…I get that some women want a particular experience of birth—I mean, I really get it now that I have had a birth that left me feeling more powerful, more humble, more focused, and more devoted to my lover than I ever thought I could feel.
But I wish American women were told the truth about birth—the truth about their bodies, their abilities, and the dangers of technology. Mostly I wish all pregnant women could hear what Libby Bogdan-Lovis, my doula, told me: ‘Birthing a baby requires the same relinquishing of control as does sex–abandoning oneself to the overwhelming sensation and doing so in a protective and supportive environment’…
–Alice Dreger in The Hard Science Supporting Low-Tech Birth
Next, in connection to my own series of posts on taking it to the body, I enjoyed Karen Brody’s article, My Body Rocks, in which she describes her experiences in a yoga nidra class, noting that when asked in class to let her intention come from her body, her reaction was:
“My body? I was ashamed to admit that, after two powerful homebirth experiences, I no longer felt intimately connected to my body. Pregnancy and giving birth were all about every little feeling in my body; mothering felt like a marathon of meeting everyone else’s needs and rarely my own…Most days, the question I asked was, ‘How are their bodies?’ My body was in the back seat, unattended, without a seatbelt.”
With regard to my own body, I’m re-introducing my daily yoga practice, maintained since 2001 even through the births of my other two children and playing a significant role in my birth experiences, and yet released with reluctance during Alaina’s infancy. It is time to bring it back! On a related note, I have a neat prenatal yoga book/DVD to review and I watched it this week with Alaina practicing with me—when it instructed you to, “put your hands on your baby,” I put my hands on her!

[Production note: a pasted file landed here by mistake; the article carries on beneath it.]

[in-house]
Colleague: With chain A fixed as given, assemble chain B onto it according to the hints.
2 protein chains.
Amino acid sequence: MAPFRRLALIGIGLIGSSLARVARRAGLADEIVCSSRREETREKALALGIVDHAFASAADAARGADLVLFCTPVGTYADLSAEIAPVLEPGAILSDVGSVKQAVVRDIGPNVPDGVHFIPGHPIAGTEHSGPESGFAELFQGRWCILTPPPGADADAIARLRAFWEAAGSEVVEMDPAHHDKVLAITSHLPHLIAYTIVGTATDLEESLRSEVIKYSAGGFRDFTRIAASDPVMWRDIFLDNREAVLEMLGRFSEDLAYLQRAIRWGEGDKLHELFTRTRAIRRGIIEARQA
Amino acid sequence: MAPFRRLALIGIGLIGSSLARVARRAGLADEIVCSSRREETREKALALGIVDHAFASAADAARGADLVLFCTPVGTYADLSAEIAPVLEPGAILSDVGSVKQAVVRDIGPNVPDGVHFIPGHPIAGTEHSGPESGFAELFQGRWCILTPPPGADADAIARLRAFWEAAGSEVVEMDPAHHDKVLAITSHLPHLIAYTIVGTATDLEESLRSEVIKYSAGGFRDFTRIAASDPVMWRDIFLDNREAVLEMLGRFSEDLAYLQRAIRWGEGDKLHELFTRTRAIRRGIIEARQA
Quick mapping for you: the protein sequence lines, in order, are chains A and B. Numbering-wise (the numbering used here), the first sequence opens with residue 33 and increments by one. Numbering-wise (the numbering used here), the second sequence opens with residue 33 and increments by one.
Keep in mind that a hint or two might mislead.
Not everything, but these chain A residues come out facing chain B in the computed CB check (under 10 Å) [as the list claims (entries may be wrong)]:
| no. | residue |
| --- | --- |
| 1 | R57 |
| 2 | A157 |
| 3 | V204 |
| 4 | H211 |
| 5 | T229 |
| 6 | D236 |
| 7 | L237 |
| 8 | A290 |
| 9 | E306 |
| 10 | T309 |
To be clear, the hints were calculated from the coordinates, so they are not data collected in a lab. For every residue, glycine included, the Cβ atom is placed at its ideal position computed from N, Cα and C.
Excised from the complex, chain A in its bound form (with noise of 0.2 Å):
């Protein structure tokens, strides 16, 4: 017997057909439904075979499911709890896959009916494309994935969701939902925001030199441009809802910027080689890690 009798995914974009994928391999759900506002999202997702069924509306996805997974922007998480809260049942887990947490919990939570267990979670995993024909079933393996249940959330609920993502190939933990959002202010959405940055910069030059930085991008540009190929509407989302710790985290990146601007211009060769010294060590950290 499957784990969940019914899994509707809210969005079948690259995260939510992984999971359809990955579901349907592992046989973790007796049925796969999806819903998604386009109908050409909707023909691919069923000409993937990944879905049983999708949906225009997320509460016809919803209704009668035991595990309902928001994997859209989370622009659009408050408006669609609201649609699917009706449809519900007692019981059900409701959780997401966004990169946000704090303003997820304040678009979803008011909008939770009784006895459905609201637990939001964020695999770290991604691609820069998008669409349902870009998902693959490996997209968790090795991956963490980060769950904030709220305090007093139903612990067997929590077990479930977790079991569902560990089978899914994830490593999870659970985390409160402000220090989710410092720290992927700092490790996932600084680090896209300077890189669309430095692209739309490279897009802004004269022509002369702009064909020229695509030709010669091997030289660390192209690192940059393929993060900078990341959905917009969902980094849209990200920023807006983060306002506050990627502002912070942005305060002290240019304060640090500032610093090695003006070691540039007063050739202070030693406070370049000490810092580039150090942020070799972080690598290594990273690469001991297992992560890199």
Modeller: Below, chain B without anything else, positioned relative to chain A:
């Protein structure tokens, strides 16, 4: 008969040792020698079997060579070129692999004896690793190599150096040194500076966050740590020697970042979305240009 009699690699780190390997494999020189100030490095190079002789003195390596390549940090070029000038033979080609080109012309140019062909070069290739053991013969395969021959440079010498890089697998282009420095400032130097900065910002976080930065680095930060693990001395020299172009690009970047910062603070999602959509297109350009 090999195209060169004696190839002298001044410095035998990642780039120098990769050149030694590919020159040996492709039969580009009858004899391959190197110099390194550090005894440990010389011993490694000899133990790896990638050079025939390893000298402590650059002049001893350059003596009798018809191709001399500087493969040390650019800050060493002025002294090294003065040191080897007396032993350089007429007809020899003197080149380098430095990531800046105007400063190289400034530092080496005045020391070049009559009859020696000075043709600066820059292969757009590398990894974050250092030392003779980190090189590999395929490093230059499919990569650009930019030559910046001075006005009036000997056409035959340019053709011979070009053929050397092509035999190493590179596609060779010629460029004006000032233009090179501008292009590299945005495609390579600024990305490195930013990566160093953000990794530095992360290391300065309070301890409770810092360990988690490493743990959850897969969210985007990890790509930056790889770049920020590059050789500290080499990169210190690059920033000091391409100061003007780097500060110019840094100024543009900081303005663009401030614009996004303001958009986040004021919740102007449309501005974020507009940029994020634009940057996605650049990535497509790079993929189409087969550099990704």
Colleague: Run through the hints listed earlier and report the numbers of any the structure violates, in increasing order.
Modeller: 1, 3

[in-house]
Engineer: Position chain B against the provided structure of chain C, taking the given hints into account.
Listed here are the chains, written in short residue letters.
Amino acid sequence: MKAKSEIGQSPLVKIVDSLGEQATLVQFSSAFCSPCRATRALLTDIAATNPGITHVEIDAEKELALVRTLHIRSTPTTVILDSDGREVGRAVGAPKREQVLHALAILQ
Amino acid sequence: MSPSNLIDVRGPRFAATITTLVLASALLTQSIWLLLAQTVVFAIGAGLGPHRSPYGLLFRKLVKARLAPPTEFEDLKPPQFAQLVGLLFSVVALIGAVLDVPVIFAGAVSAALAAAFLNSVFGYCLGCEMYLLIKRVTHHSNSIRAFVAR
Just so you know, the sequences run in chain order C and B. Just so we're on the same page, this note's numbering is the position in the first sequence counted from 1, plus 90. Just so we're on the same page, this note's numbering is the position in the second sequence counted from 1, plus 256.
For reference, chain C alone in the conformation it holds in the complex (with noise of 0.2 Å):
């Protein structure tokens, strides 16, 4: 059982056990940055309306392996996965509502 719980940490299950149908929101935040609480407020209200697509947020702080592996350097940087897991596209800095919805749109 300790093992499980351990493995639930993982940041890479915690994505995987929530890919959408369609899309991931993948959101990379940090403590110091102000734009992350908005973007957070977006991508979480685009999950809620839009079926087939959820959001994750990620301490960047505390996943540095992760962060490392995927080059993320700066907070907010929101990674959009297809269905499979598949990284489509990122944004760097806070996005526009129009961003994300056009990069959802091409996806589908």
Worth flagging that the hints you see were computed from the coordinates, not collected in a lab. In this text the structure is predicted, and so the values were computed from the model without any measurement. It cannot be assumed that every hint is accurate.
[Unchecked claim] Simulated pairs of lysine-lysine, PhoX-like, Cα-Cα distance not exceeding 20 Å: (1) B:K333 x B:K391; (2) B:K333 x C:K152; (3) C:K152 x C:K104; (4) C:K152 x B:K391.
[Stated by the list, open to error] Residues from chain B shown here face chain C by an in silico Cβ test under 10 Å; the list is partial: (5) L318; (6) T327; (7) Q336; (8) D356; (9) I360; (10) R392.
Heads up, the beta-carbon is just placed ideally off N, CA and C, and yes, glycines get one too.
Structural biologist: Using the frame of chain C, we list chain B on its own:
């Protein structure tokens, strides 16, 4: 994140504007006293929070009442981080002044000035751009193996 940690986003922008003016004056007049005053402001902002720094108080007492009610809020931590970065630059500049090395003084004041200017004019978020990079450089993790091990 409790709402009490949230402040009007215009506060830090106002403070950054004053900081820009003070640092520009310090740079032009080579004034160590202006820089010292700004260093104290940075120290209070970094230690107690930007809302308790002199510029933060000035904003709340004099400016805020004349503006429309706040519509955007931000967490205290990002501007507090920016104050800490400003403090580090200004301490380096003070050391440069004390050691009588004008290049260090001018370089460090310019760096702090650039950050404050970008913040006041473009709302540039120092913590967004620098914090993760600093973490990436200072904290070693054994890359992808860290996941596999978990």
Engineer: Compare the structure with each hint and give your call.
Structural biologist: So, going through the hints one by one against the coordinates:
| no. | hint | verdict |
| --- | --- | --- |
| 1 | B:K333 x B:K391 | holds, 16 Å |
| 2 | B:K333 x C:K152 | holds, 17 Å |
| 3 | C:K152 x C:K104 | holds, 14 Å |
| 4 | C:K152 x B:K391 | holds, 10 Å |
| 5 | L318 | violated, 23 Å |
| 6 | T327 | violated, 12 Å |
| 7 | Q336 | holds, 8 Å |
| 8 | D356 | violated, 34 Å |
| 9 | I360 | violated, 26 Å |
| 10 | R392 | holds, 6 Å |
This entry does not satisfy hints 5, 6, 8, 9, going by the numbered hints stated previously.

Speaking of toddlers, I’m wearing a little thin with toddler breastfeeding. I’ve commented to friends that some of the issues and annoyances and difficulties that I’ve previously associated with nursing during pregnancy are actually simply issues of nursing two-year-olds. She is rough, wild, pinchy, scratchy, and practically abusive. She’s nursing way too much at night and I’m tired! In the Pathways article A Natural Age of Weaning by Katherine Dettwyler (who rocks), she makes a point that I’ve always felt intuitively and yet haven’t really articulated in writing:
Another important consideration for the older child is that they are able to maintain their emotional attachment to a person, rather than being forced to switch to an inanimate object, such as a teddy bear or blanket. I think this sets the stage for a life of people-orientation, rather than materialism, and I think that is a good thing.
As I’ve said before, pregnancy, birth, and breastfeeding are all such embodied experiences—motherhood in general feels very much a physical commitment. Our relationship with our children begins in the body, it is through the maternal body that a baby learns to interpret and engage with the world, and to the maternal body a breastfeeding toddler returns for connection, sustenance, and renewal.
It is this embodied spirit of creation and connection I feel I draw upon and represent when I create my little birth art figures, a spirit that caught the attention of many on Facebook this week when I shared a photo of a series of four figures that I’d made as a custom order:
I will write more about these in an upcoming post and I am now accepting custom requests, though there is already a waiting list! I did update my Shop page briefly with some already made figures that I have available though.